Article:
Goodbye, Patton Oswalt: An Internet troll vanishes, still wanting it both ways

You can be a transgressive comic, or voice for decency. Try both and people notice the urine running down your legs

By Colin McEnroe

Published June 3, 2014 4:19PM (EDT)

 patton_oswalt (AP/Chris Pizzello)
patton_oswalt (AP/Chris Pizzello)

This week Patton Oswalt announced on Twitter he was going “radio silent” and told people to check his Facebook to learn why.

This is like saying you need one little bump of cocaine in order to start not drinking, but I do not judge.

Oswalt is taking a social media break, retroactive to June 1 and ending Sept. 2. “I'm locking up my tiny, personal online nightclub until the leaves turn brown.” This shows how estranged-from-the-essences social media can make you. The leaves do not turn brown Sept. 2. They stay shiny and green for a month or two longer. In fact the only way you can be sure that all the leaves are brown is if the sky is gray and you go for a walk on a winter’s day. It worries me to have to impart such basic information.

Before I go any further: Who gives a shit? If Yo-Yo Ma announced he was taking three months off from the cello, would he get the response Oswalt is getting? Would you even know? Of course, Oswalt’s response is coming from the Internet, which is sort of the instrument he plays. If Yo-Yo Ma quit cello for three months, I suppose cellos would get pretty worked up about it.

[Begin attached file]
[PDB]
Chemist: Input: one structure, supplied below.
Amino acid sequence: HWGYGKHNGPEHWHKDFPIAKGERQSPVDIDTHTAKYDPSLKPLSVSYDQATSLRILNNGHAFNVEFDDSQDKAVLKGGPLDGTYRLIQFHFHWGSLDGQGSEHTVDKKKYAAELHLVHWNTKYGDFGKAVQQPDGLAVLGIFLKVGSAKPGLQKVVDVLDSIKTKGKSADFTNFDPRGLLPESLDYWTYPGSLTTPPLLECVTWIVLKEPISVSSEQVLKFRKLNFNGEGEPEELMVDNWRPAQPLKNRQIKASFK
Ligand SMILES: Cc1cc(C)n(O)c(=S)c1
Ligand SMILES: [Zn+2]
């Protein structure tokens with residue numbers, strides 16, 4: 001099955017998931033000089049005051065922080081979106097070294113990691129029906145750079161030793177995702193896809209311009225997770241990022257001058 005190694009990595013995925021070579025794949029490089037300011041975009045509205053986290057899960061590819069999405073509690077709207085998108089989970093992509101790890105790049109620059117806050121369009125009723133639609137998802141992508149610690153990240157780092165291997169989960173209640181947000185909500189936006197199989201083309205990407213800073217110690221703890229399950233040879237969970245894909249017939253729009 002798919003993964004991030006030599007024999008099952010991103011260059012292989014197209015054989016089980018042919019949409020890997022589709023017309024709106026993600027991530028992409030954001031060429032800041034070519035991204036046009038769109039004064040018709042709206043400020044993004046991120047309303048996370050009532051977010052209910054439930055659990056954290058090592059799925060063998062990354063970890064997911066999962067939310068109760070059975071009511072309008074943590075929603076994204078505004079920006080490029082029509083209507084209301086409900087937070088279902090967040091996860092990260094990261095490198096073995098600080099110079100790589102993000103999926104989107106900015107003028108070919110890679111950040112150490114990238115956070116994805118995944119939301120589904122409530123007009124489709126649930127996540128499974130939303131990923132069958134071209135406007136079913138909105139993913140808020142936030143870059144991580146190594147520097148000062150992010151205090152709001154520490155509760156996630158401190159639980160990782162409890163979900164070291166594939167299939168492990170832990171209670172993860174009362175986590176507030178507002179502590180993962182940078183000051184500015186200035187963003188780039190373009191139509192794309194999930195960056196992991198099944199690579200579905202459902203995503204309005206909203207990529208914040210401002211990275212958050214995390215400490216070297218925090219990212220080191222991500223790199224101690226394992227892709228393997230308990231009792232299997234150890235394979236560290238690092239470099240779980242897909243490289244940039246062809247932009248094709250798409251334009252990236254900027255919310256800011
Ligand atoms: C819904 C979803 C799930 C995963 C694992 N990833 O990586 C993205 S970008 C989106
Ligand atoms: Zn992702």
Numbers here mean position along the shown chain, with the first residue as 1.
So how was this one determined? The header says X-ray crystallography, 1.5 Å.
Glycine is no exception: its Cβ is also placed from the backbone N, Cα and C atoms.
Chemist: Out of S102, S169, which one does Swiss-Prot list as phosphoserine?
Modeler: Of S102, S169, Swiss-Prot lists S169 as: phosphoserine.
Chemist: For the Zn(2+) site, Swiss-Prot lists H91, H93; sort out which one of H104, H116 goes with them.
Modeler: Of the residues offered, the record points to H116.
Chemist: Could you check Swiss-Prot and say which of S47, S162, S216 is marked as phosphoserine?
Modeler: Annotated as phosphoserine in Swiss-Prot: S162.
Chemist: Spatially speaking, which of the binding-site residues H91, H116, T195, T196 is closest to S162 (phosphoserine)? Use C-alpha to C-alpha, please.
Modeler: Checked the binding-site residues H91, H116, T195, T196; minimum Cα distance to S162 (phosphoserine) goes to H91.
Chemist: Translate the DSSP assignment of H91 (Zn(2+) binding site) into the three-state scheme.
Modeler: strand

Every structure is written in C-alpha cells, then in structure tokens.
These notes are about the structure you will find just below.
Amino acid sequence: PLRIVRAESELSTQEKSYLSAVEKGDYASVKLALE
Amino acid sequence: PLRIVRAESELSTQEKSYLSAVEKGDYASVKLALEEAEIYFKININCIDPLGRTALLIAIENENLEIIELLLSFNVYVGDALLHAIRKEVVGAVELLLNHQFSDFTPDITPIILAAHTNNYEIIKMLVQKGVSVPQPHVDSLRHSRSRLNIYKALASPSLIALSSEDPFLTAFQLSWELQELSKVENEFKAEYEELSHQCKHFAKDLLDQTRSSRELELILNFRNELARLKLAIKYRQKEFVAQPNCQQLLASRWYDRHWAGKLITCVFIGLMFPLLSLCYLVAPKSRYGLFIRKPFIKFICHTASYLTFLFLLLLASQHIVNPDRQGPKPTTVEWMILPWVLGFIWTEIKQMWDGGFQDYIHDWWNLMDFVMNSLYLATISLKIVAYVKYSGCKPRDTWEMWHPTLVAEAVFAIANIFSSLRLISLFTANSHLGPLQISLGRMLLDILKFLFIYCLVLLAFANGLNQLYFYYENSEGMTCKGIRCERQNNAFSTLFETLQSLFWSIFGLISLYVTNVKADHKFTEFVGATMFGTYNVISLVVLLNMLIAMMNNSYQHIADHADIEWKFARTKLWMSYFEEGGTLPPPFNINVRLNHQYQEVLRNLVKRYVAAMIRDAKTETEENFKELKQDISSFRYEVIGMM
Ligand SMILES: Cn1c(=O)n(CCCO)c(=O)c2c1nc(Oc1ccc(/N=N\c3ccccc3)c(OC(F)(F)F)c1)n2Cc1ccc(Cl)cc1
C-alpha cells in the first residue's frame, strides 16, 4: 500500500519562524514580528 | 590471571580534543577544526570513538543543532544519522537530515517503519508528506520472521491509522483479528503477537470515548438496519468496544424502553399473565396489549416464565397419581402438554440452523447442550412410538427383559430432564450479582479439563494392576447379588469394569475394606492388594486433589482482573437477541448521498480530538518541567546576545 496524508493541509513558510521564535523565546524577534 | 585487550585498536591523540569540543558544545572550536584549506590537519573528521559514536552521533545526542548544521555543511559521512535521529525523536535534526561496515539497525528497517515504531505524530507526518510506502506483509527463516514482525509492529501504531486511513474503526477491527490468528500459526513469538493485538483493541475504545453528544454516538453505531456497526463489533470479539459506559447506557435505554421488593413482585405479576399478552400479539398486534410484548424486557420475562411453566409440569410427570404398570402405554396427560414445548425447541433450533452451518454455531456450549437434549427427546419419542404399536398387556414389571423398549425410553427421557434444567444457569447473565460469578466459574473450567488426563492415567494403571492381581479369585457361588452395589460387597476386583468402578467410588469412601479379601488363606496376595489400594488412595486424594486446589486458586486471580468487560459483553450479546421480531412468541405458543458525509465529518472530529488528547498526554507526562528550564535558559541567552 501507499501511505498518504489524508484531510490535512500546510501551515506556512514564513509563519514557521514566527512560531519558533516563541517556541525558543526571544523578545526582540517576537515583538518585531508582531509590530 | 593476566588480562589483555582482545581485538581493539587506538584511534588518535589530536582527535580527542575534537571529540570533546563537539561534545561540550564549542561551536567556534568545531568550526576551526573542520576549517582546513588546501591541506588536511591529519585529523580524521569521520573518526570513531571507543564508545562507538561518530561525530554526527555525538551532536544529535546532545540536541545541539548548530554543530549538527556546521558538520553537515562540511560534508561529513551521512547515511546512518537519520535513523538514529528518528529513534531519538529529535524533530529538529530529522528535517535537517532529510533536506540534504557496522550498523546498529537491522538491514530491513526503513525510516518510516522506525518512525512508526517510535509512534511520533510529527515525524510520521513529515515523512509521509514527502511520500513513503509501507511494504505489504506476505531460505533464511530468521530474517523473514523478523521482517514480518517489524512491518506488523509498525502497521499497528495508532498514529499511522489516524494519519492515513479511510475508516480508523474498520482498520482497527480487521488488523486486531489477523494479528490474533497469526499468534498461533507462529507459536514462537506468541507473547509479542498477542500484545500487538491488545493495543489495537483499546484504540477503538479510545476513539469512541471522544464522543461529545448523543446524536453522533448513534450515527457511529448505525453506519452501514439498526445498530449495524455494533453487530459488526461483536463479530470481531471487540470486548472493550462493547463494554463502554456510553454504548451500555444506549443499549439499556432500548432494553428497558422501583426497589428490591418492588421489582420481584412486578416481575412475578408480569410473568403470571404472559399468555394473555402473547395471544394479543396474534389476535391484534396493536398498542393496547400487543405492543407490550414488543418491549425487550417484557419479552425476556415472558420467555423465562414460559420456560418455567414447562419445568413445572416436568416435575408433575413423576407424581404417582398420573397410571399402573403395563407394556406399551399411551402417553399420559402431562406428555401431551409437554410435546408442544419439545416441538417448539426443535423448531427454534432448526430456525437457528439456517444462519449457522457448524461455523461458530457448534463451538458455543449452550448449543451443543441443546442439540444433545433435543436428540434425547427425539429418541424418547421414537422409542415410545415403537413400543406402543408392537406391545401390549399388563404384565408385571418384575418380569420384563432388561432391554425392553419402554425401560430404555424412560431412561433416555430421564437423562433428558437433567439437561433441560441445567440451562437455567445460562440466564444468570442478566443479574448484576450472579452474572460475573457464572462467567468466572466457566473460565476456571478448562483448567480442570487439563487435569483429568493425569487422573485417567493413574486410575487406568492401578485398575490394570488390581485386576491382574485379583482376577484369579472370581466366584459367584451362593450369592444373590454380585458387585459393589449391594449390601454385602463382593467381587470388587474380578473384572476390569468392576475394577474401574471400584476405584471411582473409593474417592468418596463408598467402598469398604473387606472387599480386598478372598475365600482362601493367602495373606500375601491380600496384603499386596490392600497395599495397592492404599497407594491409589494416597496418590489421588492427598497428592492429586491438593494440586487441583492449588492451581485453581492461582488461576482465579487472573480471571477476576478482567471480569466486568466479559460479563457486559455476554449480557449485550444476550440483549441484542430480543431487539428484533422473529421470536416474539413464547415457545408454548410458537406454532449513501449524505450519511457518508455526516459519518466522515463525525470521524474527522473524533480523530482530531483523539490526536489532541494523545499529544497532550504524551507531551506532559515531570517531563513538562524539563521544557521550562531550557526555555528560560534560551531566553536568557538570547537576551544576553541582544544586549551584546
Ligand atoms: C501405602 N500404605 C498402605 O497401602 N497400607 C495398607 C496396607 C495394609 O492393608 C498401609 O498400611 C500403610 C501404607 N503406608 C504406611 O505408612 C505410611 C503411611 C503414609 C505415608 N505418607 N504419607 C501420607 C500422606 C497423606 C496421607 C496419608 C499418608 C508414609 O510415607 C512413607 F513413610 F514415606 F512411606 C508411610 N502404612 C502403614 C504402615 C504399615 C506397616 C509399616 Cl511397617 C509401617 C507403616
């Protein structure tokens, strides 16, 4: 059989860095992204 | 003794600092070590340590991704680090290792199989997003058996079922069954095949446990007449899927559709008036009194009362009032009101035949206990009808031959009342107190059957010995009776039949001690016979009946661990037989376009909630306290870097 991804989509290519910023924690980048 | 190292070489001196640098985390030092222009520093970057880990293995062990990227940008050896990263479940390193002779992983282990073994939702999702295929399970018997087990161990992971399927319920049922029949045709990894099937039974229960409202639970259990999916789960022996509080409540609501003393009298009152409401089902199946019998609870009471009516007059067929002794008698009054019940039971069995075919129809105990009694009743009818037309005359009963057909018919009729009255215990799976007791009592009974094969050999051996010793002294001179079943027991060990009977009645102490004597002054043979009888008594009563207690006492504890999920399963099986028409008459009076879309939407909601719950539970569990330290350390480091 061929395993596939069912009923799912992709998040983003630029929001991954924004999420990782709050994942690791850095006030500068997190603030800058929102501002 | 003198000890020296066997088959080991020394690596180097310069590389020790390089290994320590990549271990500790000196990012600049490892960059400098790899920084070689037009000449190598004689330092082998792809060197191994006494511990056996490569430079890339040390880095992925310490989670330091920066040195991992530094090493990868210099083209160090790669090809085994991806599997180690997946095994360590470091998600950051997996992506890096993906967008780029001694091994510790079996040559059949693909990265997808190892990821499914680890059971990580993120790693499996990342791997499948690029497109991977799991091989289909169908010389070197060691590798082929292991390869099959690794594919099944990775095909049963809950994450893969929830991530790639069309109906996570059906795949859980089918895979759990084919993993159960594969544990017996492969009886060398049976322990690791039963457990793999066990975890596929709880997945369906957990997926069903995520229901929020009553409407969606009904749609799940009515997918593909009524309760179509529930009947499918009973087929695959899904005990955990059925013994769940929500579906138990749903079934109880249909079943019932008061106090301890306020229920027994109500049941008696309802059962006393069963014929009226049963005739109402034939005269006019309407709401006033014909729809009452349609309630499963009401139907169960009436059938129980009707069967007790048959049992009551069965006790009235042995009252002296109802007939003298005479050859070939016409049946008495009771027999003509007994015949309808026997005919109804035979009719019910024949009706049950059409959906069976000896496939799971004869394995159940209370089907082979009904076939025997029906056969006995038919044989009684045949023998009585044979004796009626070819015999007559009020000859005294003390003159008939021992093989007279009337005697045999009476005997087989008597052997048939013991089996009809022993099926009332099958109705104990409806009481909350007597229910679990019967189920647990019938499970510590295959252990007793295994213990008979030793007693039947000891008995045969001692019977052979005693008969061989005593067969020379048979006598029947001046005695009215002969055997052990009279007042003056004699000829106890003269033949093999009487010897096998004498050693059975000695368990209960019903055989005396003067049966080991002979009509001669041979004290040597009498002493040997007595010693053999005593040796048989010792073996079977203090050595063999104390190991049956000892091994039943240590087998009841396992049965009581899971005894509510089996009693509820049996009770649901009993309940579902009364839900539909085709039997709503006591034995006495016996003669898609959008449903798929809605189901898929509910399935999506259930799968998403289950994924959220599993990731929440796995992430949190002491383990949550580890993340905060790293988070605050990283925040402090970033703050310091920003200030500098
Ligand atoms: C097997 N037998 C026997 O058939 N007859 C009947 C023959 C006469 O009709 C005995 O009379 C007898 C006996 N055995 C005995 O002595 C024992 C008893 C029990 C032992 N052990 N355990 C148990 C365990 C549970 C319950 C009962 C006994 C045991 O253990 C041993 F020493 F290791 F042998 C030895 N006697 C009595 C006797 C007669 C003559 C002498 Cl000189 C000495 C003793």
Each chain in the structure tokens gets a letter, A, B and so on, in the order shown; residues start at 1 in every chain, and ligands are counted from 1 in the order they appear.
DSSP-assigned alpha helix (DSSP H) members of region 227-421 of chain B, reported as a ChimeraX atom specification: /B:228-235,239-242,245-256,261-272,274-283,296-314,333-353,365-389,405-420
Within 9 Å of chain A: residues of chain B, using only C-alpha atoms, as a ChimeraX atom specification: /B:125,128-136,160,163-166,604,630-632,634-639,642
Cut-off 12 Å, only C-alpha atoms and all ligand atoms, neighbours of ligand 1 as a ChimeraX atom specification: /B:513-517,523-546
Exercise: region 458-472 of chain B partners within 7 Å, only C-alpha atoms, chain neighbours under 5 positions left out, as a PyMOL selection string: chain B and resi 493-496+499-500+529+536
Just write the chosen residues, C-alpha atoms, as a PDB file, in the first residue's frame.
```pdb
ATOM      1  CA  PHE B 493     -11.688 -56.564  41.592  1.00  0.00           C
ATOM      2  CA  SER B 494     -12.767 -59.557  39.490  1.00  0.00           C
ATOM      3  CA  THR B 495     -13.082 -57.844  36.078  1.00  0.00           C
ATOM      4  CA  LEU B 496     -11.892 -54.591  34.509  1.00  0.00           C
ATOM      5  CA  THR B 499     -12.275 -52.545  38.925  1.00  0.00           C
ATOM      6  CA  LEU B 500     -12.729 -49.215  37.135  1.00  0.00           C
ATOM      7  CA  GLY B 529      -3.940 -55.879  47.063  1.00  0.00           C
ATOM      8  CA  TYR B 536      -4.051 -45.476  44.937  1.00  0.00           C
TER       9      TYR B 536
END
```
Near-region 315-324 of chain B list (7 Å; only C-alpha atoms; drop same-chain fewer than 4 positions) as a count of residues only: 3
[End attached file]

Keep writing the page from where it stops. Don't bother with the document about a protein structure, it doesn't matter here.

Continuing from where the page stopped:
OK, cards on the table. I only kind of know who Patton Oswalt is. In this context, that may constitute an advantage. I know him mainly from his enjoyable work as Constable Bob on “Justified.” And I know that, after the Boston bombings, he posted an argument for what amounted to Lockean moral optimism.

“But the vast majority stands against that darkness and, like white blood cells attacking a virus, they dilute and weaken and eventually wash away the evil doers and, more importantly, the damage they wreak. This is beyond religion or creed or nation. We would not be here if humanity were inherently evil. We’d have eaten ourselves alive long ago.”

Not particularly original, but when was the last time anybody was original? He’s mainly a comedian, right? Sometimes he makes fun of KFC Bowls, and sometimes, in the tradition of Lenny Bruce, he asks searching and funny questions about why human society is the way it is. I watched a bunch of his material, and most of it was pretty good.

So then I had to do a whole lot more Oswalt Studies research. (This is what I’m doing with my wild and precious life?) And I discovered that one of his specialties is the tweet joke (twoke?), which is simultaneously a joke in bad taste, a joke about jokes in bad taste and an attempt at moral instruction.

Here is the most recent example: